news is that even though it's only a bandage, it will take years to accomplish.
Pick of the Week is Apple CEO Tim Cook doing the right thing and apologizing
for the Maps screw-up.
are short-term solutions and long-term solutions. This FCC idea is a good
short-term fix -- but we really need a long-term solution.
saga over the last couple years? If that had worked, it would
have been a long-term solution. The company intended to offer wireless spectrum
to carriers. However, here we are -- once again playing the childhood game of
remember musical chairs, right? That's the game where six kids walk around five
chairs until the music stops and they all rush to sit down. There is always one
who is left out. One by one, players are eliminated.
is the same game being played today in the wireless industry. The question here
is which wireless carriers will get more spectrum, and which will be left out?
who are left out will have quality problems, then lose customers, and eventually
cannot let that happen. If a company offers bad service or high prices, that's
one thing. Not enough spectrum is quite another. Remember, more competitors mean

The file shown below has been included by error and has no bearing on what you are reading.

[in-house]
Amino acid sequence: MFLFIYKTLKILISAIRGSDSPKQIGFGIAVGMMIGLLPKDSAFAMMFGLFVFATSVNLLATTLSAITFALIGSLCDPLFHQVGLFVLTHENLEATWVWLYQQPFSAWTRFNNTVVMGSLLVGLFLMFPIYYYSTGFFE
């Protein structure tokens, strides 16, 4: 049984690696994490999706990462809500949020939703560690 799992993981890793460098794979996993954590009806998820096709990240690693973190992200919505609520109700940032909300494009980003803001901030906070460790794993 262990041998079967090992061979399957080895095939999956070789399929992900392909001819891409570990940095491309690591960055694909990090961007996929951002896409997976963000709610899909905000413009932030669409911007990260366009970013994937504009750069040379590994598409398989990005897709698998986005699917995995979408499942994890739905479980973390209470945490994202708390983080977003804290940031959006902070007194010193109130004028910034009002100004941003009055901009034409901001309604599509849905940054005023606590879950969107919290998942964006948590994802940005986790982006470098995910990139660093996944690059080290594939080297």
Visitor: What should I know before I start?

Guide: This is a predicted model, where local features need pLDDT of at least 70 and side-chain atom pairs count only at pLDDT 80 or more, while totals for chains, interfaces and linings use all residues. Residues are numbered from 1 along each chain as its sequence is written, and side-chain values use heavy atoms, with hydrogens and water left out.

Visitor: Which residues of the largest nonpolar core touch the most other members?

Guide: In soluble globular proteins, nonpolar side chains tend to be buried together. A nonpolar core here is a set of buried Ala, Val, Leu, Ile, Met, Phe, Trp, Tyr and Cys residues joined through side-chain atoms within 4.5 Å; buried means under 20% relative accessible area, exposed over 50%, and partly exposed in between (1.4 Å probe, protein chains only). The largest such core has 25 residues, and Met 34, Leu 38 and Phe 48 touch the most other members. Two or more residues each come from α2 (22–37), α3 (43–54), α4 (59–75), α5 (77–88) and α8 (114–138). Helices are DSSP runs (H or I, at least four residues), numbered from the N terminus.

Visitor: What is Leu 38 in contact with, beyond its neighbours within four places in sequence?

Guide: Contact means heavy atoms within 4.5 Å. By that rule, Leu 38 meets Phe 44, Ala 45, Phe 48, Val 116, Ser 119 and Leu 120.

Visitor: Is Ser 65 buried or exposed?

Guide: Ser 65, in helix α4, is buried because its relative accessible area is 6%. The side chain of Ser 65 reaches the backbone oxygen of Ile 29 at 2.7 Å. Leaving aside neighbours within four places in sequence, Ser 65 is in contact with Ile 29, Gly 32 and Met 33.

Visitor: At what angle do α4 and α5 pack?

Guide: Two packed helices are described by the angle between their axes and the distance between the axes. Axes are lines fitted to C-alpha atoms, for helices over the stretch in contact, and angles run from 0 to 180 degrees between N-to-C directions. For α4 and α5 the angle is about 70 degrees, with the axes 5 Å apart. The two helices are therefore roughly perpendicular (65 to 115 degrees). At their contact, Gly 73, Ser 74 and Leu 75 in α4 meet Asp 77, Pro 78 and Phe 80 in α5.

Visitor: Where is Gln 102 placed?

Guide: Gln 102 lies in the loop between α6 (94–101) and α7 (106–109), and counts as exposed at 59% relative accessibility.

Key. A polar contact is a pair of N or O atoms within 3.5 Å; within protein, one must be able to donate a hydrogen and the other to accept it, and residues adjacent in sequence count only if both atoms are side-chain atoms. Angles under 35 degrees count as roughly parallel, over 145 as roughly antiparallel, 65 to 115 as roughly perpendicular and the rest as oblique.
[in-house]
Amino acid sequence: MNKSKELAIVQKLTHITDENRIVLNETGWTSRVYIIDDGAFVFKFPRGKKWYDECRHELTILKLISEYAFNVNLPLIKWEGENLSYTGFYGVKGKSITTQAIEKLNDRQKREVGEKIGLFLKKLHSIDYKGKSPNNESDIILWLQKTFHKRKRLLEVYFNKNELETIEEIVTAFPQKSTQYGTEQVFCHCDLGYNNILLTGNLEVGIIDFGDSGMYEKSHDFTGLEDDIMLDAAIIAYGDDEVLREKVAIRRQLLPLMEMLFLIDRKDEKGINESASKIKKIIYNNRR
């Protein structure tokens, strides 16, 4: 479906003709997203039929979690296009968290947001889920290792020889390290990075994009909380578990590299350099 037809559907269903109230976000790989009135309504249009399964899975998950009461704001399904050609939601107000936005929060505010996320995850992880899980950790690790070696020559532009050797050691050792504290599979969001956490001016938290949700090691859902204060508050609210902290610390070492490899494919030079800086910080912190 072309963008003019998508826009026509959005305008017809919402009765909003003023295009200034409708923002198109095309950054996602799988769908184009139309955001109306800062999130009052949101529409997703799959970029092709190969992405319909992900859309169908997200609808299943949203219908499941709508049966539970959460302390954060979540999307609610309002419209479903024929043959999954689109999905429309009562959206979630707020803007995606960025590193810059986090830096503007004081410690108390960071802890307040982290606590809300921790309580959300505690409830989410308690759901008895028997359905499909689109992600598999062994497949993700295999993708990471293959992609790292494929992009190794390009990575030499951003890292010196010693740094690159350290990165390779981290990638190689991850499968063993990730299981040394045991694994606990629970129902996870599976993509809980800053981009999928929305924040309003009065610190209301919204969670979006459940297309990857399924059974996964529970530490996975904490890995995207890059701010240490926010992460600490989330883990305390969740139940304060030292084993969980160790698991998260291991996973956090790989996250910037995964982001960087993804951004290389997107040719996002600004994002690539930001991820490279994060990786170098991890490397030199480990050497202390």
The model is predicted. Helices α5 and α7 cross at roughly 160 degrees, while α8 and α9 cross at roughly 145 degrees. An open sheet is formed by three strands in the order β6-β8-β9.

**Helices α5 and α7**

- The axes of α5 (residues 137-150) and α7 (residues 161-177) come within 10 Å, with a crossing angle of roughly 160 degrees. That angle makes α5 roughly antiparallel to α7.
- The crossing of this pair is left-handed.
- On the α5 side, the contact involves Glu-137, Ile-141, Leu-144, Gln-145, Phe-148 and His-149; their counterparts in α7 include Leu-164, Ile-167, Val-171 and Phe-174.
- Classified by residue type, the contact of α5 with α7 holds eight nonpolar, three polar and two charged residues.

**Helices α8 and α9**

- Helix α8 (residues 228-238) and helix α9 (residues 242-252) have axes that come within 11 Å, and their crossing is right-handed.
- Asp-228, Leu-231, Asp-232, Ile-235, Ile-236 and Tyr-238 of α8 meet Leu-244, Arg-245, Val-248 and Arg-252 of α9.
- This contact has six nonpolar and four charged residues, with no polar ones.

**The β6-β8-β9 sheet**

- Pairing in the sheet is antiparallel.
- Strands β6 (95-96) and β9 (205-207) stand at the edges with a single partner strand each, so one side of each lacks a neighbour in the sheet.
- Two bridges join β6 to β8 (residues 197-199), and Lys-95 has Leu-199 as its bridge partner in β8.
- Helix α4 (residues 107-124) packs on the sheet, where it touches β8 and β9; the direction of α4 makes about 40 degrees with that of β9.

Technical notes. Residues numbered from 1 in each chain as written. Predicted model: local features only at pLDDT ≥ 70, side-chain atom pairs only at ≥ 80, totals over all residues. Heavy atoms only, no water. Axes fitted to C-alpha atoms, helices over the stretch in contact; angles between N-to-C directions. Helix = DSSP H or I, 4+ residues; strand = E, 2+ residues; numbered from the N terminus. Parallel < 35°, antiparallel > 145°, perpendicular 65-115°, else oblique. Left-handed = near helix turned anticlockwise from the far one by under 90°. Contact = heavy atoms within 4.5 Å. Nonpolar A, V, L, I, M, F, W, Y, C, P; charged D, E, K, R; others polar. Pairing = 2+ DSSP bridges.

lower prices and better customer service. In fact, more competitors are even
better for AT&T and Verizon since it means they'll be subject to less
the desires of the television industry, the FCC wants to re-allocate its
spectrum because the wireless industry now has a greater need.
does not solve the long-term problem, but it is an effective bandage for a while
-- a short-term solution.
used by wireless carriers like AT&T, Verizon, Sprint, T-Mobile, C Spire,
U.S. Cellular, and many others is limited, and the demand is growing rapidly.
we don't develop real solutions, then every carrier and every customer will face
shortages and quality problems. It's just a matter of time before the wireless
roads slow down and get clogged.
just the next two to three years, the U.S. government expects wireless data
usage will increase thirty-fold. Thirty! Question: Is the way we use spectrum
today in 2012 going to work in 2015? No.
either solve this problem now or face horrendous service problems with wireless
data and calls tomorrow. It's our choice. Unless we fix this problem, every
wireless carrier and customer will be impacted.
off spectrum seemed to make sense years ago. However, the iPhone, Android
phones, and tablets like the iPad are gobbling up record amounts of wireless
data. This is rapidly squeezing the wireless spectrum the carriers use.